Have you been the subject of some negative media coverage?
As your company grows (adding employees, launching new products and expanding to new markets) so do the possibilities for some critical press coverage. Here are several action steps to take to handle those situations…
1. Be prepared. Sounds simple but many companies are often caught unprepared when problems arise. First have a crisis communications plan in place. You never know what can happen in the day-to-day operation of even a small business. A business owner should be prepared for a fire, disgruntled customers, an employee that gets too aggressive with customers or becomes unstable, food poisoning-if it is a restaurant or supermarket, or even a security breach.
2. Determine the severity of the negative news. Did you get a small negative mention in the newspaper or something that can be misconstrued as negative? Is there one angry customer who is ticked off about an item? Or, did a TV station do a virtual “hammer job” on your business where 12 angry customers were on camera all complaining about your bad service, a troublesome employee, or defective merchandise? The severity of the negative press will determine what steps to take next.
3. In most cases the best course of action is no action. If it is something relatively minor than the best course of action would probably be to take no action. In this day of the 24 hour news cycle most people will glance over anything that isn’t a major story or something that doesn’t get published in multiple outlets. In most cases there is no need to fan the flames to make the situation worse than it is. If the negative press is a very minor mention in a newspaper, and not really an issue or a problem, there is no need to run ads apologizing for any mishaps. Drawing more attention to the issue only pours gasoline on the fire.
4. Take a proactive approach when the issue becomes serious. A business owner should try to get out in front of any serious issue that could negatively impact the company. If you hear from a customer or contact in advance that a newspaper or TV station is going to do a negative story don’t hide from it. Failing to respond to multiple media requests indicates your firm is “guilty” of some violation, whether true or not. Instead, take precautions to fix that problem.
Companies can be proactive by issuing a letter to the media or to customers. This is a typical corporate response that will usually be effective…
“We realize that there was an issue with our delivery system. We apologize for any problems this may have created for our customers. We have made staff changes and the appropriate alterations to the system which should alleviate any issue moving forward. Customers should no longer have any problems. Meantime, we will be happy to honor merchandise returns or cash reimbursements if necessary. We have been in business for 20 years and we appreciate the business we have received from the Dunlap area for the past two decades. Many of you we not only consider customers but also good friends. If you have an issue please call me personally at (phone number). We look forward to continuing to serve your needs.”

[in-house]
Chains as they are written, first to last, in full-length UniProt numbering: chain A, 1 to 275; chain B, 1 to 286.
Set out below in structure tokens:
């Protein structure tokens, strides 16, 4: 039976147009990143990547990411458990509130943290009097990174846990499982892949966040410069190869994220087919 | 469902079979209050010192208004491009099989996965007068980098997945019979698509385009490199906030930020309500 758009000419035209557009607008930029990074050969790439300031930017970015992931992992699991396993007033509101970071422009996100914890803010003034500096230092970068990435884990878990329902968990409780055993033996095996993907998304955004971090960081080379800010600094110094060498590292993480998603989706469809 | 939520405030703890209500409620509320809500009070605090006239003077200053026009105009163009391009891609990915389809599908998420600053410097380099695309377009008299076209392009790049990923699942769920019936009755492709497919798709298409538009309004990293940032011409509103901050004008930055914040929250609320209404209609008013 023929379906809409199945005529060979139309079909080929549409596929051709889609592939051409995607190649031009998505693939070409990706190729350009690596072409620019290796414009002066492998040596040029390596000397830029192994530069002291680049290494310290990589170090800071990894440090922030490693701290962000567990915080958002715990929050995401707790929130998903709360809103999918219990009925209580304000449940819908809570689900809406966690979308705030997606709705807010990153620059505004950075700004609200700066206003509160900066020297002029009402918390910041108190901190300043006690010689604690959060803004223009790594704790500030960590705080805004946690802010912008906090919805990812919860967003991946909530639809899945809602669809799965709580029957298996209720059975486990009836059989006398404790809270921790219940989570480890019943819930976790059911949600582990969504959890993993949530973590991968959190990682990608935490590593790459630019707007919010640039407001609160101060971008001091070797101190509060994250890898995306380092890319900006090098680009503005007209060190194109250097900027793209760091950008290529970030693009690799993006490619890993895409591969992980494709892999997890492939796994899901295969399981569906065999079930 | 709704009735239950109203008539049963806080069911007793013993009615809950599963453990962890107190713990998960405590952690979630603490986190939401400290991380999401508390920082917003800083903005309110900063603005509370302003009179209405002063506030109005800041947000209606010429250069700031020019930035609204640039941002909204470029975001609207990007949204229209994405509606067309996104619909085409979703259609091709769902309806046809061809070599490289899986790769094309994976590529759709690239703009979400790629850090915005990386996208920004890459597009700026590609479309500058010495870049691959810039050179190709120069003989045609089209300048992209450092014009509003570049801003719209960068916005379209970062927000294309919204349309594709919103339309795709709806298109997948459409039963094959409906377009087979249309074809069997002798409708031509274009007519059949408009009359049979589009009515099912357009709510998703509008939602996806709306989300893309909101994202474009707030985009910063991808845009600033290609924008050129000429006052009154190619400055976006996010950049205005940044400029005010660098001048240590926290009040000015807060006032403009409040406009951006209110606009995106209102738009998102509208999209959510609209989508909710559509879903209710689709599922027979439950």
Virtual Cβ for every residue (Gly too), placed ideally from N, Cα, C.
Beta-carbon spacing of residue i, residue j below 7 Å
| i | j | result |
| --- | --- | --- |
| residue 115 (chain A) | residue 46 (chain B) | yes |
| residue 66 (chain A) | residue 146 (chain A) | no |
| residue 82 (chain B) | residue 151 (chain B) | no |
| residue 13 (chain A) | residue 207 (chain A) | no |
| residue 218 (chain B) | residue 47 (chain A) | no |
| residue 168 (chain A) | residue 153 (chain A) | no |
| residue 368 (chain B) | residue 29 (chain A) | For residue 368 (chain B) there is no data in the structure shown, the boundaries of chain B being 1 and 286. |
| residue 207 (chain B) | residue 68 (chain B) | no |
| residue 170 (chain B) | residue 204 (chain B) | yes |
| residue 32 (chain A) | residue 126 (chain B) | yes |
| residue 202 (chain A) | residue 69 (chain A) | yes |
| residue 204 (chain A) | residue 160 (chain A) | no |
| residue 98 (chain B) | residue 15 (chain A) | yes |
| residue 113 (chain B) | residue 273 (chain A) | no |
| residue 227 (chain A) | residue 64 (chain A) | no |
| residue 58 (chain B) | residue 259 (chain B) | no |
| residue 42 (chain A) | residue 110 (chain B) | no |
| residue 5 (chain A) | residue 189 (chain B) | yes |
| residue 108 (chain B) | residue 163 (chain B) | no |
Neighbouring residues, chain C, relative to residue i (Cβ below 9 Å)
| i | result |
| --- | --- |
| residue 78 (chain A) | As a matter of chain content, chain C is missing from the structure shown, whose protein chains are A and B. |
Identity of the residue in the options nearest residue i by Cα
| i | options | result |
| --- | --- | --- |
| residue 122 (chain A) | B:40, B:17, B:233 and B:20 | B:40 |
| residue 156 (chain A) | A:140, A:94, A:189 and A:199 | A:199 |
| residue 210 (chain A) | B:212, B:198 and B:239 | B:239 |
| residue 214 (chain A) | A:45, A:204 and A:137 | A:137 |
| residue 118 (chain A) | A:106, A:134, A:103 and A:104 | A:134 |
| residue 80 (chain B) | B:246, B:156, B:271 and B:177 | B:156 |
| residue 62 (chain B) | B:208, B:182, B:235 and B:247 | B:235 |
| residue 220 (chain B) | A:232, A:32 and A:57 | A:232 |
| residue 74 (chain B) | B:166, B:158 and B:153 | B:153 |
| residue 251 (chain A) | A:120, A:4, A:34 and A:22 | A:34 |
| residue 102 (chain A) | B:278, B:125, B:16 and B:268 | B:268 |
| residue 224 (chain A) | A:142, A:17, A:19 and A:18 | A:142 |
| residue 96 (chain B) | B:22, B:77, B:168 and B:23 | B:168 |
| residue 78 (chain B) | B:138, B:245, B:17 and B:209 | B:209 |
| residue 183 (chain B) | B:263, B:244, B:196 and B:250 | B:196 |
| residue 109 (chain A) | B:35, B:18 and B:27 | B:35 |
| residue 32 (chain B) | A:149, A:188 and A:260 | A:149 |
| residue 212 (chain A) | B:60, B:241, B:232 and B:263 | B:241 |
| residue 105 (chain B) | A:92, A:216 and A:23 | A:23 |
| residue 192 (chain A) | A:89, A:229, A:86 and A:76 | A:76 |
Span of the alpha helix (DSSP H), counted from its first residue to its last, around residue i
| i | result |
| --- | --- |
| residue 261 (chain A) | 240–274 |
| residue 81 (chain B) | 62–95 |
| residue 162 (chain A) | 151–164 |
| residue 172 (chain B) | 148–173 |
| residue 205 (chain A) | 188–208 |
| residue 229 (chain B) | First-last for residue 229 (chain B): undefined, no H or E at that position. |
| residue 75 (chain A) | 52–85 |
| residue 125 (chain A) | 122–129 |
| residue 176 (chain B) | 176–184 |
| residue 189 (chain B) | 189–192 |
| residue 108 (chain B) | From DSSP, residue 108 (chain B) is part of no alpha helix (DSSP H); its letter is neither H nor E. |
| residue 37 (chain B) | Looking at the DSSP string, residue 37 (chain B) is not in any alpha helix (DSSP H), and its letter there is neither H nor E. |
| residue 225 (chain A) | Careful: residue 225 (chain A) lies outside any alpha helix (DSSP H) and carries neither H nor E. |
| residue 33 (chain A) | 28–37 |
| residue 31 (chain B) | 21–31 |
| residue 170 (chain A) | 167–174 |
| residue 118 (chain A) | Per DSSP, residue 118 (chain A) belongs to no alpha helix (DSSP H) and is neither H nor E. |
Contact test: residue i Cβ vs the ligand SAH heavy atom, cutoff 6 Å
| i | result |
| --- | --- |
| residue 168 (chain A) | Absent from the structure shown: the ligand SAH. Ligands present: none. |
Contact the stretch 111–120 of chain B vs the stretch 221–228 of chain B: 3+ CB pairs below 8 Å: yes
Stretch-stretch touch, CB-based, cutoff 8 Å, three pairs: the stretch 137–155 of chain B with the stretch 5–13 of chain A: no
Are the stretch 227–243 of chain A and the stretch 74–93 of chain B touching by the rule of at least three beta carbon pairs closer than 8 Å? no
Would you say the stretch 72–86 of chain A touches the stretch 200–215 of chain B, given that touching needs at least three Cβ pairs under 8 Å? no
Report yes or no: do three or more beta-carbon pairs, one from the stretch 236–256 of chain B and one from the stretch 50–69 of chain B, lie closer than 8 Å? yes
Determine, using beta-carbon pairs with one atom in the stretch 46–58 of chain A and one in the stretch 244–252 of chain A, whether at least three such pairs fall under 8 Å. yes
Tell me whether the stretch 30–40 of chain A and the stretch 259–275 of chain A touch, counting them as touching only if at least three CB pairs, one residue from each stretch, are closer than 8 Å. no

5. Take caution about granting interviews. If it is a situation spiraling out of control the owner may feel compelled to appear on camera or answer tough questions with a newspaper reporter. They first should secure some media training. The owner should be schooled and prepared to answer some probing inquiries. Keep in mind physical appearance plays a strong role in how the public will perceive the owner, the company and the situation. This includes wearing the proper attire and hosting the interview in the proper setting. Take a proactive approach and avoid the “got cha” parking lot camera crews.
6. Watch and learn. Read the newspaper(s) and watch TV news, both network (such as 60 Minutes) and local. Keep an eye out for any stories that could be a crisis or a negative situation. Watch how those firms or organizations react. Some of the schools and major companies have a good plan to handle negative press. Some do not. It becomes obvious when a major chain or business keeps getting blasted by the media without any type of response.
Case in point, in my view Chipotle did a poor job of handling the original crisis they faced with food poisoning. Eventually the CEO appeared on the Today Show to discuss it but it was not impactful and they took too long to respond. The stock price tanked. Chipotle, overall a good company, continues to have issues from time-to-time with food illnesses. I am sure they have lost thousands of customers over time.
A business owner needs to be prepared for anything that could go wrong. They need to have a plan in place for any type of crises and/or negative situation. At the same time they need to be astute enough to analyze if some negative news is really “negative” and will impact their business. If the answer is “no” than don’t spend time making the problem worse. If is the answer is “yes” then take the appropriate action to first fix the problem, and then let the appropriate media know the problem is resolved.